In case 1 and 5 the prediction has been right and in case en 2 and 4 the prediction has been incorrect. Cases 3 en 6 in which the prices have remained equal are removed from de data. What remains is a number of correct predictions and a number of incorrect predictions. A change of a successful prediction is defined in formula 1: Percentage right=number of right predictionstotal number predictions*100%

In principle the chance of a correct prediction is 0,5. Therefore it is to be expected that the number of correct predictions will be around 50%. By calculating this percentage per fund it can be verified whether this is the case. Prediction categories whereby this percentage deviates from the 50% point are interesting for further examination.

A first statistical test that is applied is the paired sample sign test. What is being calculated is when the percentage of correct prediction is sufficiently far from 50% that the proposition that the sample is actually better or worse than the expected 50% can be upheld. What is being tested is g: the number of rights predictions, whereby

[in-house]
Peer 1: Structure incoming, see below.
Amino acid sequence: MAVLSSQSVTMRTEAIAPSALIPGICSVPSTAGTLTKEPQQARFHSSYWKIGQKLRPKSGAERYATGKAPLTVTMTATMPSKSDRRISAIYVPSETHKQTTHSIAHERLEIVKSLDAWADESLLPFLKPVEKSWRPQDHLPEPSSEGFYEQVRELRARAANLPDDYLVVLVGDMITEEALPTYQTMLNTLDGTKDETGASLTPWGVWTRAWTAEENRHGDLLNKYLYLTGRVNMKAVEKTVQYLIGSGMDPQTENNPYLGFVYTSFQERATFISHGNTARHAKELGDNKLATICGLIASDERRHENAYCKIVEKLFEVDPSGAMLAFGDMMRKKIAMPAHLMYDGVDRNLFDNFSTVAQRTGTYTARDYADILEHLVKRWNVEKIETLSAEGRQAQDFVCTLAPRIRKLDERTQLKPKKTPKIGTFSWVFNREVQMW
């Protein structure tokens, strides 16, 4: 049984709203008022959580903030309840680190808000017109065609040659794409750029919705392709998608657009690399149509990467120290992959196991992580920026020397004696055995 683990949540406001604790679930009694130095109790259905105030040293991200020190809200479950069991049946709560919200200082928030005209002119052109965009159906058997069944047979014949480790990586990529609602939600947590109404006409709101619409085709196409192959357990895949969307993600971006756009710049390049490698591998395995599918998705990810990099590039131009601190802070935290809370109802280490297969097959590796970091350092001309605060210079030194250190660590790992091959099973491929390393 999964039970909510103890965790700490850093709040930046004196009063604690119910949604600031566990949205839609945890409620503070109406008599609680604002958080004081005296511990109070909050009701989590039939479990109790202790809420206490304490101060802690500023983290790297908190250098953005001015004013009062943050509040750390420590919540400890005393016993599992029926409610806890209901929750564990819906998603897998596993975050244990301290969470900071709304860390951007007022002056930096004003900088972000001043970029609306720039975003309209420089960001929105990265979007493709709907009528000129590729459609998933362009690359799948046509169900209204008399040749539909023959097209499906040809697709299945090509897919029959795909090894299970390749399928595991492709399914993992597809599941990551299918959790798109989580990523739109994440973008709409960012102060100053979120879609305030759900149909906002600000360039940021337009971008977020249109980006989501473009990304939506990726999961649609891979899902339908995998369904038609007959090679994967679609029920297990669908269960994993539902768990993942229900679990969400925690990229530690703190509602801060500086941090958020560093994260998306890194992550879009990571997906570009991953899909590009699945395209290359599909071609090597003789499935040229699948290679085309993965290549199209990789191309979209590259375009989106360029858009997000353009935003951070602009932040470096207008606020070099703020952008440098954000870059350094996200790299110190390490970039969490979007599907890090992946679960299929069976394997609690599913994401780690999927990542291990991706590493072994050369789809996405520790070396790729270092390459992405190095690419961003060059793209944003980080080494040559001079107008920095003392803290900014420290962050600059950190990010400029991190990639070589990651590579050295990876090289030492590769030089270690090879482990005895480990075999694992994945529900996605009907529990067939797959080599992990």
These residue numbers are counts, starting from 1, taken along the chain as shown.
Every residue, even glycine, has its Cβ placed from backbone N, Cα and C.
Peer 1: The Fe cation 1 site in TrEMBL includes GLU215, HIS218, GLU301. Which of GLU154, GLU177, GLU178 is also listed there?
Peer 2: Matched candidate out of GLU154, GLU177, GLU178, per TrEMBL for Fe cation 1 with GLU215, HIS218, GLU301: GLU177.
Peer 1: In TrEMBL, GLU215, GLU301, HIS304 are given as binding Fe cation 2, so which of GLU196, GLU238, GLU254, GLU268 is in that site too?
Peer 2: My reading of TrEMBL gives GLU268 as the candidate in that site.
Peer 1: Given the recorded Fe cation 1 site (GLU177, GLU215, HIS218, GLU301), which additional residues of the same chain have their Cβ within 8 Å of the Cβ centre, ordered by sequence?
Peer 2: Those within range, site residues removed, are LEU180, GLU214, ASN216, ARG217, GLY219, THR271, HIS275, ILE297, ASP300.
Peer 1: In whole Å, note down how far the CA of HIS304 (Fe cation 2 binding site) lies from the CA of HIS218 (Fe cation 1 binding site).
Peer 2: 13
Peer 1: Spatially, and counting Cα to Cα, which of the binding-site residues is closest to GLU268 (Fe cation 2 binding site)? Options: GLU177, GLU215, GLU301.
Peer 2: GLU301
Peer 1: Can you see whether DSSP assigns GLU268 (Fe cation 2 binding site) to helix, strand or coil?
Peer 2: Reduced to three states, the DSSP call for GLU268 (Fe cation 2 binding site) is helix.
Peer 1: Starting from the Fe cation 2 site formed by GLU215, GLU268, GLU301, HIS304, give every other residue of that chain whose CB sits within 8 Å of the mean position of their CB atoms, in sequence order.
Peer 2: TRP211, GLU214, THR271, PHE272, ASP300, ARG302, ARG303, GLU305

• n=the number of values,
    • p=the chance a prediction is correct.

The hypothesis is: H0:Pg=12(The chance of a correctprediction is equal to 12) H1:Pg12(The chance that a correct prediction is not equal to 12)

If the null hypothesis is valid than g has a binomial distribution with n=the number of values and p=12.
Therefore the expectation of g equals: E(g_)=12*n

The standard deviation is: σ(g_)=12*12*n

Therefore the Z-score is: Z=g_+12-E(g_)σ(g_)=g_+12-(12*n)12*12*n

Associated with this Z-score is a Z-value that is being calculated using the standard normal distribution P(z≧Z). If this p-value is smaller than 0,05 than the null hypothesis is being dismissed.

A further way of assessing the predictions is by looking at the achieved return. The return per prediction is being calculated as follows: Return per prediction=Price after evaluation period-Price at the time of enteringthe sentimentPrice at the time ofentering sentiment*100%